Inauguration in the United States

Every man elected to the office of President of the United States has historically been involved in an inauguration, opens a new window. Sometimes, that merely includes a swearing-in, in which the incoming President and Vice President are given the Oath of Office by a judicial officer. This happens most often when a Vice President must be sworn in after the death or other form of departure by a standing president; Theodore Roosevelt was sworn in at a friend's house in Buffalo. In more usual situations, it includes a days-long celebration including the swearing in ceremony for both officials, performances, poetry, speeches, meals, and parties. Not to mention the parade, involving members of the military and civilian organizations from across the United States.

There are two parts of the presidential inauguration: the ceremony and the celebration. Until the inauguration of Ronald Reagan (starting with Andrew Jackson, opens a new window), the presidential inauguration ceremony was held on the Capitol’s East Portico and Front. But it’s now on the West Portico to provide space on the National Mall for all who wish to be present. Following the ceremony, which includes the swearing-in, speeches, and a few songs, the newly sworn President and Vice President, along with their families, process down Pennsylvania Avenue to the White House, where they then watch the inaugural parade from a shiny glass box on the North Lawn of the White House. This originally began as a review of the nation's military, but has since become a combined military and civilian parade featuring marching bands and other parade marchers and paraphernalia.


And now, some Inauguration trivia:

The first presidential inauguration, opens a new window of George Washington, opens a new window was held on the balcony of Federal Hall in New York in 1789.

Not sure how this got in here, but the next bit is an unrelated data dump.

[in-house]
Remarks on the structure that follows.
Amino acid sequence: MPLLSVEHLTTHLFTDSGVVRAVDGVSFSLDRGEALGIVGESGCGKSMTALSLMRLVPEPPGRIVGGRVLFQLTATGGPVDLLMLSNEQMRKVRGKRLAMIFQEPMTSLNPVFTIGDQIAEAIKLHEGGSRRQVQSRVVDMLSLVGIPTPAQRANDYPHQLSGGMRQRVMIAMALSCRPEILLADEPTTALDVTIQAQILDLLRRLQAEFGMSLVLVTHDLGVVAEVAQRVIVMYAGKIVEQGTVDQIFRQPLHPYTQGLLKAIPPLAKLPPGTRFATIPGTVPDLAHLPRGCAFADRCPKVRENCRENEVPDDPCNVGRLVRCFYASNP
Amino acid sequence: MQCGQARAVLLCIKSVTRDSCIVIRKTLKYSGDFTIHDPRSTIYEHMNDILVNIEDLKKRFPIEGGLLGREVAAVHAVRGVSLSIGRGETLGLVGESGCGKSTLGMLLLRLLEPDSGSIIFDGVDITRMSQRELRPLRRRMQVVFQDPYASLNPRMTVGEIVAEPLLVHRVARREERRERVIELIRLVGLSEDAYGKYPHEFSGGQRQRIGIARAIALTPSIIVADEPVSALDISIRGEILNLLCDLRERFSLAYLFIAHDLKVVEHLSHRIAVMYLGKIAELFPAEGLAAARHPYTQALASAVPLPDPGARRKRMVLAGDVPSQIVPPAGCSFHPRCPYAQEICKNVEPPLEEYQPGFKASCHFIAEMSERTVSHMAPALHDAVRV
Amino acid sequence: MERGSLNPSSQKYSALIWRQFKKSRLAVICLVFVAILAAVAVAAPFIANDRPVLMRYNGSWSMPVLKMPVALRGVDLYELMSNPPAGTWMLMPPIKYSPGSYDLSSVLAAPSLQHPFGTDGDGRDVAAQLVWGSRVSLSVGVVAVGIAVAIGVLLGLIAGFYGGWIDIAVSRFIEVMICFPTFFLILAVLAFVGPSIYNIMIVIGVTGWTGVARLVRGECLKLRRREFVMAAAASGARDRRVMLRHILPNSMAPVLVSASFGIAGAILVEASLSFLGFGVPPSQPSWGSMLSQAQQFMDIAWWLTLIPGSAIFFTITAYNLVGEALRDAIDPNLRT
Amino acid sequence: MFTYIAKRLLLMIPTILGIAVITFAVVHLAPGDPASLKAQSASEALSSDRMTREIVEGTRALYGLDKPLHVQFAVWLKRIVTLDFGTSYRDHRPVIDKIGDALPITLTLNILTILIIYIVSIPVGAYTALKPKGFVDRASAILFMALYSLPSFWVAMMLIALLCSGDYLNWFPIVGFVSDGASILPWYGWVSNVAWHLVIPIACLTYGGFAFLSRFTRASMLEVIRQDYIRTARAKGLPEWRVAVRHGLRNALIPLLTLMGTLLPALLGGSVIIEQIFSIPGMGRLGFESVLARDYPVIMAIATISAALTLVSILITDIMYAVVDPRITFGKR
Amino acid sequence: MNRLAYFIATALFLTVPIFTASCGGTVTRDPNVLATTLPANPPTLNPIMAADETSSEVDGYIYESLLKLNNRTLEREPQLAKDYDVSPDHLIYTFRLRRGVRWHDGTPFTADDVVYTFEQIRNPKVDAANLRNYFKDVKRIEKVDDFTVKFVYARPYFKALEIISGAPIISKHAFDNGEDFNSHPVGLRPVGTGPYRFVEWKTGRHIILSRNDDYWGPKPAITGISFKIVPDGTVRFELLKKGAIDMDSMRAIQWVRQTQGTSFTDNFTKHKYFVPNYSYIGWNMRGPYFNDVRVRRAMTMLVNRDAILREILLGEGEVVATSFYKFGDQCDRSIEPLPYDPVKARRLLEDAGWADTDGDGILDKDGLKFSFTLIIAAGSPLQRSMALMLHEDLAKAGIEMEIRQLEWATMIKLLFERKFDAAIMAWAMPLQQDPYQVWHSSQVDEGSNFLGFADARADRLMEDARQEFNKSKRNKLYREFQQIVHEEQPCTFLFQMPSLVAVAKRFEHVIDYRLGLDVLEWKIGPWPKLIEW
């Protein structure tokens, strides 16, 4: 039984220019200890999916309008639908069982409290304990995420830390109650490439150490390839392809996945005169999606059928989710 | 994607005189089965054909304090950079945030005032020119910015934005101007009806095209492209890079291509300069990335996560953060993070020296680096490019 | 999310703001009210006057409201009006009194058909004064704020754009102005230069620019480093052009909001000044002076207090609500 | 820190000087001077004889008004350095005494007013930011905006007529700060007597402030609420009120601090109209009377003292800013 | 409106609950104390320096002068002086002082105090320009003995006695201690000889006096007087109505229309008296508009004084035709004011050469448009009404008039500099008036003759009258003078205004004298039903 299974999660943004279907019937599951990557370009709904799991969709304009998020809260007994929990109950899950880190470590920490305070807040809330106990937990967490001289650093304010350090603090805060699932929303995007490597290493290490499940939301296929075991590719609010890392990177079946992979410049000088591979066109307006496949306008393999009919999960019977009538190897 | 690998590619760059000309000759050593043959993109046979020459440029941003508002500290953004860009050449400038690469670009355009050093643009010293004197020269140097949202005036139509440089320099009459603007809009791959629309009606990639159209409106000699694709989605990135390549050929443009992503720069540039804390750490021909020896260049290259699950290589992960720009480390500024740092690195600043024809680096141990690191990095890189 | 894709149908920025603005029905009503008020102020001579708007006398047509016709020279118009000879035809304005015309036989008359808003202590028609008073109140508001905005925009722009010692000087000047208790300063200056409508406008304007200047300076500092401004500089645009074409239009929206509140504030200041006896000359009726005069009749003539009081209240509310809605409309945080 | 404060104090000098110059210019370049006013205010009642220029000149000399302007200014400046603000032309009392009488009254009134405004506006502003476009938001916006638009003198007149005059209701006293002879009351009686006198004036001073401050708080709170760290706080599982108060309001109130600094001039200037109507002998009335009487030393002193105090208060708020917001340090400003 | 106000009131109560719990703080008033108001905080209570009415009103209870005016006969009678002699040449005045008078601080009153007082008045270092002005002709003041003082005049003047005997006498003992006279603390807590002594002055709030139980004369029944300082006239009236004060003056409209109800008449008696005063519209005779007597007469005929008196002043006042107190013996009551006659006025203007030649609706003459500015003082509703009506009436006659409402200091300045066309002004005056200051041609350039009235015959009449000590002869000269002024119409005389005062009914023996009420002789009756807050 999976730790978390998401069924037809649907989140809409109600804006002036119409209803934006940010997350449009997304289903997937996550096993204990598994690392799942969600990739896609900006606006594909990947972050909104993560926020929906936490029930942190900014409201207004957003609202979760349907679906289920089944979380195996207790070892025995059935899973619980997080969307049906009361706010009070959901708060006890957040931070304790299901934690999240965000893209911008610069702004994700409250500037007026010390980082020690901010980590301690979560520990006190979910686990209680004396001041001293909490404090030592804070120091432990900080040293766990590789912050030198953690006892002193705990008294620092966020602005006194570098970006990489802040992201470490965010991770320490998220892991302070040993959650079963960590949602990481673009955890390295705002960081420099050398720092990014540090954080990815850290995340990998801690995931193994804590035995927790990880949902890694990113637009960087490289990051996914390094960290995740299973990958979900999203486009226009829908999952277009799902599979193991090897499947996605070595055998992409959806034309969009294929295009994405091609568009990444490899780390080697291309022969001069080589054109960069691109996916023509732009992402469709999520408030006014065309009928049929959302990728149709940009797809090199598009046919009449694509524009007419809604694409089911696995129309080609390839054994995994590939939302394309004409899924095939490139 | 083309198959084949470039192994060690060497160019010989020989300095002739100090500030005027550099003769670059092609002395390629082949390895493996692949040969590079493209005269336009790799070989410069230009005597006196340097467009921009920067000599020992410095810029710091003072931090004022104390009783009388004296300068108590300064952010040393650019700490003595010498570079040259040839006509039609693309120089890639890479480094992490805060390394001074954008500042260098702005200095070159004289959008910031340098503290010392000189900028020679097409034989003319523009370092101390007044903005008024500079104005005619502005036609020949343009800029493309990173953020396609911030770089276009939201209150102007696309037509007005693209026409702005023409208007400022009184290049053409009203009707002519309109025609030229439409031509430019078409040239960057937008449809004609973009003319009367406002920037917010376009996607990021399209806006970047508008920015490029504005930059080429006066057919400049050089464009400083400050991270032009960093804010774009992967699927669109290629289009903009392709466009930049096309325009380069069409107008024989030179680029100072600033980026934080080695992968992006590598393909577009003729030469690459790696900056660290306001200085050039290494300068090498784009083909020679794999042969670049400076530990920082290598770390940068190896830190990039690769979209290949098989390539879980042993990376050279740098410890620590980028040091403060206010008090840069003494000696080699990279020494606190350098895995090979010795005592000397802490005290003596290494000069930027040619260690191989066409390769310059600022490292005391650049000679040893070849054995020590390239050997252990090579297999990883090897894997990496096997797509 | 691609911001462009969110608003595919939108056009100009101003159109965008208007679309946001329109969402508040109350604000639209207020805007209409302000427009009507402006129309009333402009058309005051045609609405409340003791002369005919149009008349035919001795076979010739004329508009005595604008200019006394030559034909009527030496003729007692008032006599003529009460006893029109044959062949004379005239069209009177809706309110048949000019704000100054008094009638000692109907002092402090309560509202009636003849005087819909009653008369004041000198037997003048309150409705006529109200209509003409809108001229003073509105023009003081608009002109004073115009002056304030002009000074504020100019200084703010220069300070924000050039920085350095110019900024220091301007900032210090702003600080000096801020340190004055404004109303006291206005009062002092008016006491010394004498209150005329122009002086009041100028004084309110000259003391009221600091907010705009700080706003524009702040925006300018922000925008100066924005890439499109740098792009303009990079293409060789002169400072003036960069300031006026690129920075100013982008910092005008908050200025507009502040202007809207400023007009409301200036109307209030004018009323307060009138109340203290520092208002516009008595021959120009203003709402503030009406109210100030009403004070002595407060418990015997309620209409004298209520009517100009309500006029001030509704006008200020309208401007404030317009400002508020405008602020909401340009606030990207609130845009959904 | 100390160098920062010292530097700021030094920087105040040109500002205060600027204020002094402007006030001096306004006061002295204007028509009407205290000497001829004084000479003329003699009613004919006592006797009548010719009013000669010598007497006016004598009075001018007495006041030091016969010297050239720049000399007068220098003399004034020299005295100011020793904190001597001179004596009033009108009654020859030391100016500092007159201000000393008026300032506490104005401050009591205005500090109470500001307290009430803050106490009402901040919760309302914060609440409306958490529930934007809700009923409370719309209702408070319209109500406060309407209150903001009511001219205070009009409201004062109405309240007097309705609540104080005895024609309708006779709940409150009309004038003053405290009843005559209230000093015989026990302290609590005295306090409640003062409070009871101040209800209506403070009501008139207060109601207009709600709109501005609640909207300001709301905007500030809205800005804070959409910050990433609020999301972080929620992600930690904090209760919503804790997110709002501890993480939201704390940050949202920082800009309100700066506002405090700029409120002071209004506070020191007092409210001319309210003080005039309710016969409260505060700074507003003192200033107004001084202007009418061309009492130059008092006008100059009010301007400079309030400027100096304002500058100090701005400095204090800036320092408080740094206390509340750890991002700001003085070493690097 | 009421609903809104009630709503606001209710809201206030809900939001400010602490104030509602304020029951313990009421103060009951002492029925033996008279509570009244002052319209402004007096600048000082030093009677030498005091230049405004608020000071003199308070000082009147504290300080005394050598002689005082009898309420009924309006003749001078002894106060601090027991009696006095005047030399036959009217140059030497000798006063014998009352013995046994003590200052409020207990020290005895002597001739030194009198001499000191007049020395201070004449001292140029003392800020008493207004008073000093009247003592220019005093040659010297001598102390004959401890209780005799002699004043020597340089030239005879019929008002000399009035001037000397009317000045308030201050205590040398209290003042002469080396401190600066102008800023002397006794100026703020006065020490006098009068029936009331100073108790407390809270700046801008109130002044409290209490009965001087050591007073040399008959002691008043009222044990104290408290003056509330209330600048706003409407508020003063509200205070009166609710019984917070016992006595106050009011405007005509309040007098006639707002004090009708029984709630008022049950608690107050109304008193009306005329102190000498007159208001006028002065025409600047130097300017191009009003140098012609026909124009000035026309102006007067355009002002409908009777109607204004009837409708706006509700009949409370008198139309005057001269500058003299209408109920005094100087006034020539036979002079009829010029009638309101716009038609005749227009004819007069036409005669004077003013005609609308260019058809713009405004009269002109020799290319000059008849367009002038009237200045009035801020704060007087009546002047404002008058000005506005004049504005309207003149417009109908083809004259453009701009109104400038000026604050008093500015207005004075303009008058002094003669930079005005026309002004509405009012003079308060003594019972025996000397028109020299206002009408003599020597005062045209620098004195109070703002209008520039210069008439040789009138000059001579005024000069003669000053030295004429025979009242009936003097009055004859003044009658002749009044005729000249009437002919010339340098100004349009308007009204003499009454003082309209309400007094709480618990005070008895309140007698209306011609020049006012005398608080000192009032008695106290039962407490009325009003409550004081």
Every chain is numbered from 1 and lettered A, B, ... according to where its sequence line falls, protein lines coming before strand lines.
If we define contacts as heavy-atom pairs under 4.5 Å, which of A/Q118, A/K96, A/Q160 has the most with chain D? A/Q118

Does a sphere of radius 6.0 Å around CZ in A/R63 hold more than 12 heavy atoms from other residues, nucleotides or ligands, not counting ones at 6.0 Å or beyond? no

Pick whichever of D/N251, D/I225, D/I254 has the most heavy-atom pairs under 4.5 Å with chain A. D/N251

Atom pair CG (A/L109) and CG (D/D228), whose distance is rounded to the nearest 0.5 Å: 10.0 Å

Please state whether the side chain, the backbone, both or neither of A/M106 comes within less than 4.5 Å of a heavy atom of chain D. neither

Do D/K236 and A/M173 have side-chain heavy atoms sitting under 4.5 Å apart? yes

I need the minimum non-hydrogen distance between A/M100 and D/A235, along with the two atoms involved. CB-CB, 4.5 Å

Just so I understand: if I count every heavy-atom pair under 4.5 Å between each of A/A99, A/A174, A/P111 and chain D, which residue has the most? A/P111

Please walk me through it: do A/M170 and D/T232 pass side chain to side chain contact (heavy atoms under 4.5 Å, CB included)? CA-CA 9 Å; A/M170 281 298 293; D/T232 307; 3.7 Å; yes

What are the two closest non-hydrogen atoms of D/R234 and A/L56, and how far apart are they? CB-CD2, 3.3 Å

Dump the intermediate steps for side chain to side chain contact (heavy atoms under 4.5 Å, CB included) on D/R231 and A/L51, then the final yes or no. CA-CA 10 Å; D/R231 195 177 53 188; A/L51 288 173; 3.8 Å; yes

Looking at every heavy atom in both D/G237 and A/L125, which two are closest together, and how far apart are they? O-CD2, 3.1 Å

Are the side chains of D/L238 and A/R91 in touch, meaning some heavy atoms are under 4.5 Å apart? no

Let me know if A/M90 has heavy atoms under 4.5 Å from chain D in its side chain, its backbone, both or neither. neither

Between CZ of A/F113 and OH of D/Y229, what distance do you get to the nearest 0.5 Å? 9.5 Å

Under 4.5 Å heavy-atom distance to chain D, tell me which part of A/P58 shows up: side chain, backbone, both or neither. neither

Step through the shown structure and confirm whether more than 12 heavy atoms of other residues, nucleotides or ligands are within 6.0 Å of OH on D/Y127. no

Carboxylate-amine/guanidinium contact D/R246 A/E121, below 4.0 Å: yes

For most of the past century, the official swearing-in has taken place on January 20. If that is a Sunday, the President and Vice President are sworn in privately on the 20th and the big inaugural celebration is held on the following Monday.

President Abraham Lincoln, opens a new window's second inauguration in 1865 was the first time African-Americans participated in the inaugural parade.

Fifty-four addresses have been given by thirty-seven presidents. George Washington's second address was the shortest (135 words), and William Henry Harrison delivered the longest (8,495 words).

Contrary to legend, William Henry Harrison, opens a new window, who, yes, opted not to wear an overcoat or hat to an outdoor ceremony and procession in early March, and then proceeded to give the longest inaugural speech in American History, did not catch a cold and die until three weeks after said address. It makes a good story, though.

The fourth inauguration of Franklin D. Roosevelt, opens a new window (the only president ever to be elected four times) was held on the South Portico of the White House to cut costs and comply with austerity measures during World War II. There was no parade or other celebration.

The inauguration of President Barack Obama, opens a new window was the largest-attended event in the history of Washington, D.C. It also included many firsts, including first woman emcee and the first inauguration webcast to be made accessible by using captioning.

Read more about the history of inauguration in America:

Presidential Inaugurations in Academic OneFile, opens a new window

Presidential Inaugurations in Infotrac International Newsstand, opens a new window

Presidential Inaugurations in the National Archives, opens a new window

What’s your first inaugural memory?